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The 2 Major Volatility Drivers for Friday

The 2 Major Volatility Drivers for Friday

Kathy Lien, Technical Strategist

After a wild ride on Thursday, Friday’s price action in the equity and currency markets will again be determined by Chinese economic reports, including the latest inflation and industrial production data.

Today's rally in equities and currencies was driven primarily by Chinese trade figures, which, at first glance, fell short of expectations after the country's trade surplus shrank to $17.82B from $27.12B. However, the market reaction was very positive because exports and imports rose strongly. Not only did exports recover, but imports rose by a whopping 10.9%.

The last decade has been all about watching Chinese exports as a measure of global demand, but with the new leadership, China's focus on domestic consumption is making imports increasingly significant. China is still an export-dependent economy, but a rise in imports suggests that the export sector, or the economy as a whole, is performing well enough to fuel domestic demand.

It is for this very reason that investors have responded positively to the apparent stabilization in Chinese trade data, and without the good news from China last night, currencies and equities would have probably resumed their slides.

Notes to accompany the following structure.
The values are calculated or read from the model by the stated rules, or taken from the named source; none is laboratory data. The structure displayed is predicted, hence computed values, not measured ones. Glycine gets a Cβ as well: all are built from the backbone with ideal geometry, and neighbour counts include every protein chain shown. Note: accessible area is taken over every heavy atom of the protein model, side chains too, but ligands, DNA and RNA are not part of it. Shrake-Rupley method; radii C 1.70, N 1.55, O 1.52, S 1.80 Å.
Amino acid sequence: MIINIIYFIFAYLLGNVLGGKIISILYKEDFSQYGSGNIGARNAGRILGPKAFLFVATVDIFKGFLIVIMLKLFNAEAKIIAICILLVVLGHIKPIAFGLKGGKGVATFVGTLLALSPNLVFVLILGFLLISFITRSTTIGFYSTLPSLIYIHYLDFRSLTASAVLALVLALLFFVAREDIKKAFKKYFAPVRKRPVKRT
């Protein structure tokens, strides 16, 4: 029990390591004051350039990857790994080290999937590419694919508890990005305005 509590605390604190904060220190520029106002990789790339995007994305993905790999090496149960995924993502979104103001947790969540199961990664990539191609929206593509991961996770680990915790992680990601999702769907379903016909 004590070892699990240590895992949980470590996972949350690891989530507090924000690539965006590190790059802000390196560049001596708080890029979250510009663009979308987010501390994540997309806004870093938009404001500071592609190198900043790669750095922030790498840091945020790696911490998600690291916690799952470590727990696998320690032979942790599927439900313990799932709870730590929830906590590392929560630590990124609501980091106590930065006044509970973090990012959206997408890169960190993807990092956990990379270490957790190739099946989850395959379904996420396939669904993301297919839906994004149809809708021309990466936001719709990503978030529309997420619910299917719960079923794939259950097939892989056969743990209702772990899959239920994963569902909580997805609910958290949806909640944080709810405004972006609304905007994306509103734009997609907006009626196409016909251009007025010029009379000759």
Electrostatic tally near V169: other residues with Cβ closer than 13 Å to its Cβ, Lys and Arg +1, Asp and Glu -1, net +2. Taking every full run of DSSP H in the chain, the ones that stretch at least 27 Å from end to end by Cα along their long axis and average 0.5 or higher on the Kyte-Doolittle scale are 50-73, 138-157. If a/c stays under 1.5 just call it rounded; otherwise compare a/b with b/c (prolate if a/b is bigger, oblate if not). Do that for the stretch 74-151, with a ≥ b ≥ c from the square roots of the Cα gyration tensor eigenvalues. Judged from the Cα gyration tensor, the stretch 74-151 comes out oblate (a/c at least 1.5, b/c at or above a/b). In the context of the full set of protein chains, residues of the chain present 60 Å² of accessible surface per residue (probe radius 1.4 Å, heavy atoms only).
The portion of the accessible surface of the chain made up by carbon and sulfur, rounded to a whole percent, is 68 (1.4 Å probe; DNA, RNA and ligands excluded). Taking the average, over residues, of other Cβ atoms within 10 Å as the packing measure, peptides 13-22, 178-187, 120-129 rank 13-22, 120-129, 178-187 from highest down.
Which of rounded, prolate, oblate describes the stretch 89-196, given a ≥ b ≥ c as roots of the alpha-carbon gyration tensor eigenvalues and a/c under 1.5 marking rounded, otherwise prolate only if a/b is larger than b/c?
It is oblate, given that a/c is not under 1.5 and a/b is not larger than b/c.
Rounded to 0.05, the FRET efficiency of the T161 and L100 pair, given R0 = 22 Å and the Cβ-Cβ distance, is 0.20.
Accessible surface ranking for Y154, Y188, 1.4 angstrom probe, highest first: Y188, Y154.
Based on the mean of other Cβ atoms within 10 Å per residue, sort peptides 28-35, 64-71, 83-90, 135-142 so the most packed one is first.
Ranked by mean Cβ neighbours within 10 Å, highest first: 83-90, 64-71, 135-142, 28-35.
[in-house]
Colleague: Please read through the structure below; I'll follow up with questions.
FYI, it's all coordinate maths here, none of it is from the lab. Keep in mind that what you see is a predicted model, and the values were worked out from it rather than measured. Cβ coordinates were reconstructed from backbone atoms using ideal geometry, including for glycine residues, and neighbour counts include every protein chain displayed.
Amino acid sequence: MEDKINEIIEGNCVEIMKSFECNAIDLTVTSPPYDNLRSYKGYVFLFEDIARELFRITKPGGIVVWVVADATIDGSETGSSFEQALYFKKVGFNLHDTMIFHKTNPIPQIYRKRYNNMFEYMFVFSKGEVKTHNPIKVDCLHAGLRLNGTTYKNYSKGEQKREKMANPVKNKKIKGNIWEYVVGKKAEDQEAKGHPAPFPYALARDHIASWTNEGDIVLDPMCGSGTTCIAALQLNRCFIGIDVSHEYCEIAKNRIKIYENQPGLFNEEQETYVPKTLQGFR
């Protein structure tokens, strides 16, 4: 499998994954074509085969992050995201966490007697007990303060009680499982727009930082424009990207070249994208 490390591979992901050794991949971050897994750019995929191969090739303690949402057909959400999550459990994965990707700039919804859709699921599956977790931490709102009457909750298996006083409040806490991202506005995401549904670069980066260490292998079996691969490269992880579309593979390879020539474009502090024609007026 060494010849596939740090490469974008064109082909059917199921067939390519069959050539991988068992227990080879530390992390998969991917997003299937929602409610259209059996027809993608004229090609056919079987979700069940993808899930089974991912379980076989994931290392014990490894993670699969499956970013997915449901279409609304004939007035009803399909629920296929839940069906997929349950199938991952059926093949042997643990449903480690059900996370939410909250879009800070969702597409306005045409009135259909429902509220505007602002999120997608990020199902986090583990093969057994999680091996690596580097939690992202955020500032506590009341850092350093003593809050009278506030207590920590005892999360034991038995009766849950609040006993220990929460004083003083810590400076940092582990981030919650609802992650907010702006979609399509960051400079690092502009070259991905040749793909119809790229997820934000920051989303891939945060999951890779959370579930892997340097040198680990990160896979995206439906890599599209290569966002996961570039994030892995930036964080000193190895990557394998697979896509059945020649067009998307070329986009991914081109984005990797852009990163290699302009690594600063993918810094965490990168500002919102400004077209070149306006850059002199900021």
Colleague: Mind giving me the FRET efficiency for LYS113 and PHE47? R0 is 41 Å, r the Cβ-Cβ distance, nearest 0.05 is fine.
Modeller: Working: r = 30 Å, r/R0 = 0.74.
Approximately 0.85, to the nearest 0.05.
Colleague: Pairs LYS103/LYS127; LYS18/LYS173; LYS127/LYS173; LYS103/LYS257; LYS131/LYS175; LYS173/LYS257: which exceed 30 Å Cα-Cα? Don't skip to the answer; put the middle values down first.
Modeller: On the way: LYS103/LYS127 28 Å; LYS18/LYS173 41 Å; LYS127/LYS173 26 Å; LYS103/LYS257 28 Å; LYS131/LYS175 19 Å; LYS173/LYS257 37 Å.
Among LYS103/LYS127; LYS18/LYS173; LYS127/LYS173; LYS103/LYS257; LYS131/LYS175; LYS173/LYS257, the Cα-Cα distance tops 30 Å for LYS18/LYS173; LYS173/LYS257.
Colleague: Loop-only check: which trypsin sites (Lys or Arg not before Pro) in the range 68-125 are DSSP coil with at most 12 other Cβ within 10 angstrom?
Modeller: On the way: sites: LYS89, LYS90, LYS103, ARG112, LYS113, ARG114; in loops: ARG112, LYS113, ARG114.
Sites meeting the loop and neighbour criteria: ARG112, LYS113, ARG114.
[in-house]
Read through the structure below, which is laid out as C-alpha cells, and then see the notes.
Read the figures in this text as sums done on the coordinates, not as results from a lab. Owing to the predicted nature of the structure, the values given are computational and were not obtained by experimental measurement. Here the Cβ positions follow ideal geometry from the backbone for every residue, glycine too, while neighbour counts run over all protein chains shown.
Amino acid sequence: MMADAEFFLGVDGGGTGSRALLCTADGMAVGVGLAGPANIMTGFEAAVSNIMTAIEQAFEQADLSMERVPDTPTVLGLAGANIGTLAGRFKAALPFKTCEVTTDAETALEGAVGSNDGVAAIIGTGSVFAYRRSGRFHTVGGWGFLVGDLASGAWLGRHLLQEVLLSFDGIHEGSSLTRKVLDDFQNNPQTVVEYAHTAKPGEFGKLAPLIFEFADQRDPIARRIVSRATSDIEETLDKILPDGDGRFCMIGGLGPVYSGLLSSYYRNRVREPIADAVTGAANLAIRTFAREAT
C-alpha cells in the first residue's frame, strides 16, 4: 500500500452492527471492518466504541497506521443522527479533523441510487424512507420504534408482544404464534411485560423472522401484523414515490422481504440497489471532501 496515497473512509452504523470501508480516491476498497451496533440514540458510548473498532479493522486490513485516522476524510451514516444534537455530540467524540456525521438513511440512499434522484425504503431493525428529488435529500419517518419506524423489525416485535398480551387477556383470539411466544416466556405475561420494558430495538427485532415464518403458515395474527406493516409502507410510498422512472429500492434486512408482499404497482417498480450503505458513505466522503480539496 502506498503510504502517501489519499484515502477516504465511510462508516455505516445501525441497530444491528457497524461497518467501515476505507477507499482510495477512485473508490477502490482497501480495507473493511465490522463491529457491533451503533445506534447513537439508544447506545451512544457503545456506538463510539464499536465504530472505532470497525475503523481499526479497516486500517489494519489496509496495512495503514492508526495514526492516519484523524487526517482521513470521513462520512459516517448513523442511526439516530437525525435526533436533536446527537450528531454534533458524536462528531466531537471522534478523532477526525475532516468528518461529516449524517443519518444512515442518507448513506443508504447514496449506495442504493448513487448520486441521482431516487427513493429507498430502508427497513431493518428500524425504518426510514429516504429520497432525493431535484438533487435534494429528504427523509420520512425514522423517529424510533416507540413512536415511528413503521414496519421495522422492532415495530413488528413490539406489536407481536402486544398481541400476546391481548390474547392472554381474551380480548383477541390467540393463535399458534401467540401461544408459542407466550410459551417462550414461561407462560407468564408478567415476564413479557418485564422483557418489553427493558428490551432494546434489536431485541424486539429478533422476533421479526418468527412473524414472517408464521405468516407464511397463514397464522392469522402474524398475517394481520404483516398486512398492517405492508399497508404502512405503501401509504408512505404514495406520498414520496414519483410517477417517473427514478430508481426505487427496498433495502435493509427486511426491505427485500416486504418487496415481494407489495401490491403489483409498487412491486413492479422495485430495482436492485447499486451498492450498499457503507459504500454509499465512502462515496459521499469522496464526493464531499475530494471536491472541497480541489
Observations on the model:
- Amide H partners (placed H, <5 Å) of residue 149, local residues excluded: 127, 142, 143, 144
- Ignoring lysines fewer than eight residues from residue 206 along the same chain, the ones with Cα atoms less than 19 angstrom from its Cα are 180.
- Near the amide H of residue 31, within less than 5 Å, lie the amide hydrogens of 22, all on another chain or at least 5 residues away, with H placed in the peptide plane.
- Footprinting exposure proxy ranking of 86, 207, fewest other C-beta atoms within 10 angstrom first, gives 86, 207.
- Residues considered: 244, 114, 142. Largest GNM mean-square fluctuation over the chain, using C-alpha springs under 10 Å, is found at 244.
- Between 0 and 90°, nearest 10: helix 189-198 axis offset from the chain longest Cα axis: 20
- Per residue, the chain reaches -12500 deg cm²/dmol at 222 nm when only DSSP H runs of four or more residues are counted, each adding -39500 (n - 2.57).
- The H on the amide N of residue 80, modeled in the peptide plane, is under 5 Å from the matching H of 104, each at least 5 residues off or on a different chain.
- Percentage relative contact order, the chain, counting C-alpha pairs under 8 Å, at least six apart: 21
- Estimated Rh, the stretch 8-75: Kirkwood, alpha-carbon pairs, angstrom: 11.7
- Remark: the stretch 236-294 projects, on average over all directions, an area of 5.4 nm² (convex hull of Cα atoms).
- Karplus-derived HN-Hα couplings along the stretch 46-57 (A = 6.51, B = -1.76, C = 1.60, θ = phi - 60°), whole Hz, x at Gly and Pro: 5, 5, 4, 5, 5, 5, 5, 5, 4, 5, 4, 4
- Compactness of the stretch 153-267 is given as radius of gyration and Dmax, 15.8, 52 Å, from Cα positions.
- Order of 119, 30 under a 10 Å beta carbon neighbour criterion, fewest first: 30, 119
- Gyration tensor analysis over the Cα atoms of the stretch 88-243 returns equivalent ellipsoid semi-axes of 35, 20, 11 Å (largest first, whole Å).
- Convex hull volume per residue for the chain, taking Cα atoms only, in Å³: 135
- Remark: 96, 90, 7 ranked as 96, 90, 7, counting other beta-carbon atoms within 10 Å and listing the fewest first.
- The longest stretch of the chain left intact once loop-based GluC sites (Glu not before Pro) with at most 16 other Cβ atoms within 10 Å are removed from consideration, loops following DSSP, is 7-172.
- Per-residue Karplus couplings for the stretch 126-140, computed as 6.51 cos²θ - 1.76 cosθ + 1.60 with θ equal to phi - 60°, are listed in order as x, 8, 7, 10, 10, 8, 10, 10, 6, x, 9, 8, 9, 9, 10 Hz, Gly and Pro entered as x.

More data is expected from China tonight, and the focus will be on inflation and industrial production. Price pressures are expected to increase slightly, but industrial production could see a stronger rise because healthier imports imply the need for increased manufacturing production. If tonight's Chinese data beats expectations, we could see a stronger rally in equities and currencies.

Meanwhile, the US dollar (USD) lost value against all major currencies today with the exception of the Japanese yen (JPY). US weekly jobless claims rose slightly from 328K to 333K, but the absolute amount of claims is still low and consistent with an overall recovery in the labor market.

Unfortunately, this data had very little impact on the dollar, and instead, falling Treasury yields kept the greenback under pressure.

Today's 30-year bond auction saw the lowest bid-to-cover ratio since the US lost its AAA rating in August 2011. This may reflect weaker demand for US assets, but according to Bloomberg, demand from an investor class that includes foreign central banks was above average.

As there are no US economic reports scheduled for release over the next 24 hours, Chinese data will drive flows in equities and currencies into the end of the week.

Another Wild Night for AUD/USD?

The Australian dollar (AUD) endured some wild price swings overnight, having initially fallen on weaker employment numbers only to recover strongly on the back of the Chinese trade data. Australia feeds China's thirst for iron ore and relies on its demand for growth. Since the volume of iron ore imported by China in July was the largest this year, it came as a very good sign for Australia's economic outlook.

See also: AUD/USD Dodges Dour Data